By Yulia Podskrebayeva, Vyborg newspaper, gazetavyborg.ru
November 14, 2020
“I have some Finnish heritage on my father’s side, but I first knew about it after I became a Lutheran. His ancestors lived somewhere in Leningrad Oblast and moved to Moscow in 1914. A hundred years later, my mother and I moved back. And everything changed in my life in an amazing way . . .”
The whole Church of Ingria is one diocese spreading from Kaliningrad to Ulan-Ude. Darya Shkurlyatyeva is head of its press service. The rest of the time, she is an organist and the leader of the Vyborg Lutheran church choir.
“My mother taught international fiction, and in the late 1980’s, as soon as this became possible, she bought a Bible because many stories in arts are related to the biblical ones. Our whole family decided to be baptized and took a long time choosing a confession. My father did not live to do it. He was buried in Moscow’s Vvedenskoye Cemetery, also known as German Cemetery, where there is a church – Holy Trinity Lutheran Church. We took it as a sort of a sign. I’ve been a Lutheran since 1998 and celebrated the 20th anniversary of my confirmation last year. In Moscow, I was a choir leader for two congregations. Like all musicians, I like to perform on a tour and get to know new concert halls. There are not that many Lutheran congregations with a real pipe organ and one of them is Sts. Peter and Paul Cathedral of Vyborg. Its organ was built by the famous Finnish firm Oy Kangasalan Urkutehdas Ab in 1963, according to the label on the organ. It was a gift for the Lutheran Church of Vyborg from the Cathedral of Mikkeli and the Union of Lutheran Congregations of Lappeenranta, Finland. In 2007, my friend Yelena Baranova, an organist from Rzhev, and I came here together to perform an organ & cello recital. (By the way, there was a short article about it in Vyborg newspaper.) I went for walks in the city and—fell in love with it.”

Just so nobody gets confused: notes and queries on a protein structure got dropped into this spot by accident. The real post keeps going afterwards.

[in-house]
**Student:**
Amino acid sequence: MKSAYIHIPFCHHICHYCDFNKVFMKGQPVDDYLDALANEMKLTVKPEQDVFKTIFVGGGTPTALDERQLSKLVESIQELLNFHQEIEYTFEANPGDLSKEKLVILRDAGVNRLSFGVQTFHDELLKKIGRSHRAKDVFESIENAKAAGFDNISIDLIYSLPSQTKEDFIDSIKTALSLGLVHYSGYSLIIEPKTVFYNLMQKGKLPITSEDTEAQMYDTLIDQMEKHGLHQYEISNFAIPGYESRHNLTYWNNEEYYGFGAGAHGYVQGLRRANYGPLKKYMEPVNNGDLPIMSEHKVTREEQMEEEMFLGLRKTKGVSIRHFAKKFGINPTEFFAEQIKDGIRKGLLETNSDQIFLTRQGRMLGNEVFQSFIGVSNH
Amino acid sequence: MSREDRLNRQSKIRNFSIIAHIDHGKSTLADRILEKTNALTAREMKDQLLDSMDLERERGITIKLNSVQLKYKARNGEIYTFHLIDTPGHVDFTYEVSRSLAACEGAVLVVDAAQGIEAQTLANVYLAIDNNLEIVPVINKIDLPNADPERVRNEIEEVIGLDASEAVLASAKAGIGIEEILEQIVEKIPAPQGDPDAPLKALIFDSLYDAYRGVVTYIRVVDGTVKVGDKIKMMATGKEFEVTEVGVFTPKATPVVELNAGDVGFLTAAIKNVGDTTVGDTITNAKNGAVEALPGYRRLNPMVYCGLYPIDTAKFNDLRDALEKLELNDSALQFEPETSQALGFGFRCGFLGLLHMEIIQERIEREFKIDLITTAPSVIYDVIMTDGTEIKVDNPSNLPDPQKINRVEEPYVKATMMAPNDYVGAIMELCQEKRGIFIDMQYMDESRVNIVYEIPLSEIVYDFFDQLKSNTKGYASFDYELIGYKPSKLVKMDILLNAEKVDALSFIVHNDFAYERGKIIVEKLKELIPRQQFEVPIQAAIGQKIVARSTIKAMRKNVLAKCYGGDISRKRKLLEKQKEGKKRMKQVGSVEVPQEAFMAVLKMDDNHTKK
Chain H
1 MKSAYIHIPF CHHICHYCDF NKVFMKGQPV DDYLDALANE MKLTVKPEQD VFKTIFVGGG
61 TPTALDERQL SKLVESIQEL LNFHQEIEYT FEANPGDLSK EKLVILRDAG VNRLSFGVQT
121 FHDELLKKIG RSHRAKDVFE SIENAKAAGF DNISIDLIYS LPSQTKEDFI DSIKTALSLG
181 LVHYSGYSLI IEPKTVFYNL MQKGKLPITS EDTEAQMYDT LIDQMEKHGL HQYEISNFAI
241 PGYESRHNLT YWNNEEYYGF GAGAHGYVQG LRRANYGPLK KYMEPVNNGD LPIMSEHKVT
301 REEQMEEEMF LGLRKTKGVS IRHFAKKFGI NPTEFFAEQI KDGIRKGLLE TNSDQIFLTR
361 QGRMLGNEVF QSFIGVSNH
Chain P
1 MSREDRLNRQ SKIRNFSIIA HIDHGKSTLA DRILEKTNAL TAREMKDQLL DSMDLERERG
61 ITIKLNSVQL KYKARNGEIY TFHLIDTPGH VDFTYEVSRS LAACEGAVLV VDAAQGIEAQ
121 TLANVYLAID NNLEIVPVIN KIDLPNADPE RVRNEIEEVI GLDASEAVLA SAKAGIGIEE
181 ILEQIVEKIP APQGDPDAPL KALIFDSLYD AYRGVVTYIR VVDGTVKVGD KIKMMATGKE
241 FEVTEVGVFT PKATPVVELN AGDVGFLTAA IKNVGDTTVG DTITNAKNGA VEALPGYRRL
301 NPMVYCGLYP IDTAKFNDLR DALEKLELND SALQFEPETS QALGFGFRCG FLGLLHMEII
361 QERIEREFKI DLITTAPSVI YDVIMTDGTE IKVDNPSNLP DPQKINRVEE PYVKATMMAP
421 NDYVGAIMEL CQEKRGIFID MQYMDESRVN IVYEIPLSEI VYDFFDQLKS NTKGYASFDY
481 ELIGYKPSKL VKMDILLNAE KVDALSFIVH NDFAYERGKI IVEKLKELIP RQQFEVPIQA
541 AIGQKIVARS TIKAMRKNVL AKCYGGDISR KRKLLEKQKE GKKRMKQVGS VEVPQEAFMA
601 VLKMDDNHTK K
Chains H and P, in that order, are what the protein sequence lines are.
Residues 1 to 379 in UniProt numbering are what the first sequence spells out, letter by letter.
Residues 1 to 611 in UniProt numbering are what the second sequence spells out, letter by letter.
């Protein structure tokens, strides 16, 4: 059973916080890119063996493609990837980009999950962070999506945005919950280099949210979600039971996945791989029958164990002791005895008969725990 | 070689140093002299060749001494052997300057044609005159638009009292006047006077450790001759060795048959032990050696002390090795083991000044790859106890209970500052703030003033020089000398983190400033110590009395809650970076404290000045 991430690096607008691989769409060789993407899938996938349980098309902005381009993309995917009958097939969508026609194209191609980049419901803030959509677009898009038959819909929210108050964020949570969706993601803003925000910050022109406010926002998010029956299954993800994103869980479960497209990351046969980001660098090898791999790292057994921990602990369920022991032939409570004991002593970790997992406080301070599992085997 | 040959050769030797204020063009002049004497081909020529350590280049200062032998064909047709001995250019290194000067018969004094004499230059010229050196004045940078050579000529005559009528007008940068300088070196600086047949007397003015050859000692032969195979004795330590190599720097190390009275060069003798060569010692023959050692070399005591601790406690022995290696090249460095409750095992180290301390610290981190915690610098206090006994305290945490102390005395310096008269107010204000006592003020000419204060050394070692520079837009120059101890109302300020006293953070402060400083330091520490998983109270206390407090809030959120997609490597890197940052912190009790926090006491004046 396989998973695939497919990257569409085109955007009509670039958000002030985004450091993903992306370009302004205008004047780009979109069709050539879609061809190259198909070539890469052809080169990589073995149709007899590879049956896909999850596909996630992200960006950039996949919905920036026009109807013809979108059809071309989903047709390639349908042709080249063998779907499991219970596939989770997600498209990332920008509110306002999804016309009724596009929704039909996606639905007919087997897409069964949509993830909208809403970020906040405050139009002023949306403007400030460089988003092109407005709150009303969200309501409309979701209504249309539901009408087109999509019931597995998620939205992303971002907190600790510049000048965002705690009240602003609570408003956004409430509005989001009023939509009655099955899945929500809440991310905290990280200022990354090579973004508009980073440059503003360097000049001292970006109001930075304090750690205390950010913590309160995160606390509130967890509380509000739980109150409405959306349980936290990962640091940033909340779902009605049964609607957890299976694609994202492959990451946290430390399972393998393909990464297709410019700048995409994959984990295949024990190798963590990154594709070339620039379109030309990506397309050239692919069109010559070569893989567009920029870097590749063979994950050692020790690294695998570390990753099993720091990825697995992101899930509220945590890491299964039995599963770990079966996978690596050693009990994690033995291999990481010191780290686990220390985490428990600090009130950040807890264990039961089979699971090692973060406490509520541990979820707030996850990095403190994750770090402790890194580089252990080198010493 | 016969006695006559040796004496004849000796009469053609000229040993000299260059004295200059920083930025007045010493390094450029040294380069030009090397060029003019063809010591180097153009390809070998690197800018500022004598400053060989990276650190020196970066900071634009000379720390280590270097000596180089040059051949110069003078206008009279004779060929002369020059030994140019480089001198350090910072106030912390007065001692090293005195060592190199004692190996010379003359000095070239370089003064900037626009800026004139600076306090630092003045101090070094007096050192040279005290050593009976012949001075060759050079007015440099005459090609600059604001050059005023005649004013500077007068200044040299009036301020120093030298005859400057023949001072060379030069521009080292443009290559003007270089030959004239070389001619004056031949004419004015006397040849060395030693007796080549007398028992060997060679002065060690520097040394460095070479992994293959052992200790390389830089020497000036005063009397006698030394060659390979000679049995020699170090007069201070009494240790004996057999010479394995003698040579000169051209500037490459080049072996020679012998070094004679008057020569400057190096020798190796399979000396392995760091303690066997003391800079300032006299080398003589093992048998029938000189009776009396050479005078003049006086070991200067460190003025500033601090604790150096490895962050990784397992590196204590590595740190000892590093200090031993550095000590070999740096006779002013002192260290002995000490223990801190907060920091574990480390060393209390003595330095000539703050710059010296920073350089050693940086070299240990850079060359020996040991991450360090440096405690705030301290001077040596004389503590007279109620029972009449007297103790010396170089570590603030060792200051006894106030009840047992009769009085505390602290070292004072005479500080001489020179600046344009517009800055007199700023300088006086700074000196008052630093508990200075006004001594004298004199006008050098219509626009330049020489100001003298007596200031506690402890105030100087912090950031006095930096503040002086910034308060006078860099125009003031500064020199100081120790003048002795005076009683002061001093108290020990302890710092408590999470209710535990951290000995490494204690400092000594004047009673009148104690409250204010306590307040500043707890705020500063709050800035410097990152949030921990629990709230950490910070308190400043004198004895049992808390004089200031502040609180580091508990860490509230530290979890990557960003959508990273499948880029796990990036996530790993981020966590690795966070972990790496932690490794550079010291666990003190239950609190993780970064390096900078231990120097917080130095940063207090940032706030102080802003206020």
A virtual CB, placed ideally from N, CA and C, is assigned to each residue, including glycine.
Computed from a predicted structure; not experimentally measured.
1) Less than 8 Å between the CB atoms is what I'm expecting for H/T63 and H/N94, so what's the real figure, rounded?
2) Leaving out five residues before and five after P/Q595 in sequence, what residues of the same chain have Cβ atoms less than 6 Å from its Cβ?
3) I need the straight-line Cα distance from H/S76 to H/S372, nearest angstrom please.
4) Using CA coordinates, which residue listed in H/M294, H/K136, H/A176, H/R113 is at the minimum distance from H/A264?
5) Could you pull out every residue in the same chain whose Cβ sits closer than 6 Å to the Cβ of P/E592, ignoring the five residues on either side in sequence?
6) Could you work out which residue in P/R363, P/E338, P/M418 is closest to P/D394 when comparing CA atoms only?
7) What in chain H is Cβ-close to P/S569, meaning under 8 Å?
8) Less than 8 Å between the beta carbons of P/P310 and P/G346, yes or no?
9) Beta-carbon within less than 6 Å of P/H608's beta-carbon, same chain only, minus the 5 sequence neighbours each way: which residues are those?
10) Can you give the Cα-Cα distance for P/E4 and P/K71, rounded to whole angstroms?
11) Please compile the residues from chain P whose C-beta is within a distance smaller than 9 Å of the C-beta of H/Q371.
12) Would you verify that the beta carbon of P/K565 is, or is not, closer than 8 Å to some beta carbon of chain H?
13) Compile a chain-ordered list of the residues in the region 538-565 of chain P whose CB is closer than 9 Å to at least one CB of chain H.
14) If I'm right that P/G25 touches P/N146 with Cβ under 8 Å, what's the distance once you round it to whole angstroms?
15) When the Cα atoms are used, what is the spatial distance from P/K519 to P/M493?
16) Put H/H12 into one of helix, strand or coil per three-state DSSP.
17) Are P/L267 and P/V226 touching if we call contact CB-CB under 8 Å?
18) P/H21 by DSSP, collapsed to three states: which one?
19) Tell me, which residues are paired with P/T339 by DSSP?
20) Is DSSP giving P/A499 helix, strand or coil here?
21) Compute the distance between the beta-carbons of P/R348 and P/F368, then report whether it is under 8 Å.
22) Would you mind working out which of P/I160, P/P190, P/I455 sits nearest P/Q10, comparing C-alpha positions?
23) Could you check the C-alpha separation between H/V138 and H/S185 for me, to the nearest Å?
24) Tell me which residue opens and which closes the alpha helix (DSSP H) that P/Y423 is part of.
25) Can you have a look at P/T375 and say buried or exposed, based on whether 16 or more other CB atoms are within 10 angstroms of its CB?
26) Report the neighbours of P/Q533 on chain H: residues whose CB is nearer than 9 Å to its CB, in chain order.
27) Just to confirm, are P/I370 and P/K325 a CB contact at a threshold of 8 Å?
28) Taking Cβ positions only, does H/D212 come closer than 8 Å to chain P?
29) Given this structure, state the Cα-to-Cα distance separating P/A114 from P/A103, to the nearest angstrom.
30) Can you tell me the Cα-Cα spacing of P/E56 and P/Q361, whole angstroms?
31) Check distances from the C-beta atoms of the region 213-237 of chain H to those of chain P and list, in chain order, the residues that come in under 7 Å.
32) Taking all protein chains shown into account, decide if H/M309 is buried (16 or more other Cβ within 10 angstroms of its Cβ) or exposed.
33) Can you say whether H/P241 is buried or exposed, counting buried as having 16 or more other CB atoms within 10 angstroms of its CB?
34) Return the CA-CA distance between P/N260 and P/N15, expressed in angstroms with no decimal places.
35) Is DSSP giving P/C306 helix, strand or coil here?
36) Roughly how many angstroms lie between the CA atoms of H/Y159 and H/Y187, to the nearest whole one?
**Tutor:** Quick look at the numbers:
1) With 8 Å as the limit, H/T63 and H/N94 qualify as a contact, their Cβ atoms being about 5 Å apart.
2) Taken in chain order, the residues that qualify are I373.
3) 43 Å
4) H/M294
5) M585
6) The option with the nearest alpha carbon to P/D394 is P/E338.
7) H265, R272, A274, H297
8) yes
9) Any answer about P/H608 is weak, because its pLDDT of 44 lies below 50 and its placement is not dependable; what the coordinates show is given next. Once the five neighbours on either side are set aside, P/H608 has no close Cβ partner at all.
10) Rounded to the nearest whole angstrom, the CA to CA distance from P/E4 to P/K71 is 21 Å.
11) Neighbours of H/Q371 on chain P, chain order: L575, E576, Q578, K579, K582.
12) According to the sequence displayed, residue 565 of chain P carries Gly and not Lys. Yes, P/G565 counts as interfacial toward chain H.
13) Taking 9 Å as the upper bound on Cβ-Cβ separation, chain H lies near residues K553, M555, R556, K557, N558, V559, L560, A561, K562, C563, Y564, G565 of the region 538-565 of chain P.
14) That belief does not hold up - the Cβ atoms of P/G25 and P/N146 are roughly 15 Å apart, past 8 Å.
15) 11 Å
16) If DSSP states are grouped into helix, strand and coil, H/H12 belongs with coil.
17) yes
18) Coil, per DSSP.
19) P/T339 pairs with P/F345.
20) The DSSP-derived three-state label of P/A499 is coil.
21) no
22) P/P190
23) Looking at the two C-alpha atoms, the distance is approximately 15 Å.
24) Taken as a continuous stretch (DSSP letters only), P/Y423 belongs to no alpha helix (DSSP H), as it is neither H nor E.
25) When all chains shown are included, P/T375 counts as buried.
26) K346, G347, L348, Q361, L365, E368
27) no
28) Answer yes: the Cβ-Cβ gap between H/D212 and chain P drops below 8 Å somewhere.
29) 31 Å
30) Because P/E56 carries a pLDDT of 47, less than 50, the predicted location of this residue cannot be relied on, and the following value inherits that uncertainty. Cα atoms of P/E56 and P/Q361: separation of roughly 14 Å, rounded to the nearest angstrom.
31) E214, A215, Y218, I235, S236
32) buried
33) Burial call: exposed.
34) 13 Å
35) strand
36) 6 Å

Artists are known for unexplainable behavior, says Darya. But the fact that she, a Muscovite, chose the history of organ performance in Vyborg as the subject of her degree paper, is more likely part of a consistent pattern.
“Today, there is ample literature about the subject. One example is the book by Pavel Kravchun Organnaya ‘Atlantida’ Ingermanlandii i Karelskogo peresheika (‘Organ Atlantis of Ingria and of the Karelian Isthmus.’) But when I became a student at the Nizhny Novgorod Conservatory, there was hardly anyone who had explored the subject, so I chose organ music in Vyborg and I’m happy I did. I had a chance to work in the archive of Mikkeli, Finland, and I had a feeling I was the first-ever visitor to touch those documents. I found archived notes of Venni Kuosma, the last organist of Vyborg’s New Cathedral, and met his godson, an old man, the pastor of St. John’s Church in Helsinki. It is symbolic that Venni Kuosma, a well-known musician in Finland, died the same year the cathedral in Vyborg was blown up (1953). My research resulted in a 10-minute film called ‘The Vyborg Partita.’ It’s on the internet.
“I graduated from the conservatory, majoring in music journalism, and in 2014 I was offered to become head of our church body’s press service. I would have had to find an apartment in St. Petersburg to live in. But then I had this wild thought: ‘What if we settled in Vyborg?’ I would only need to travel to my office two or three times a week.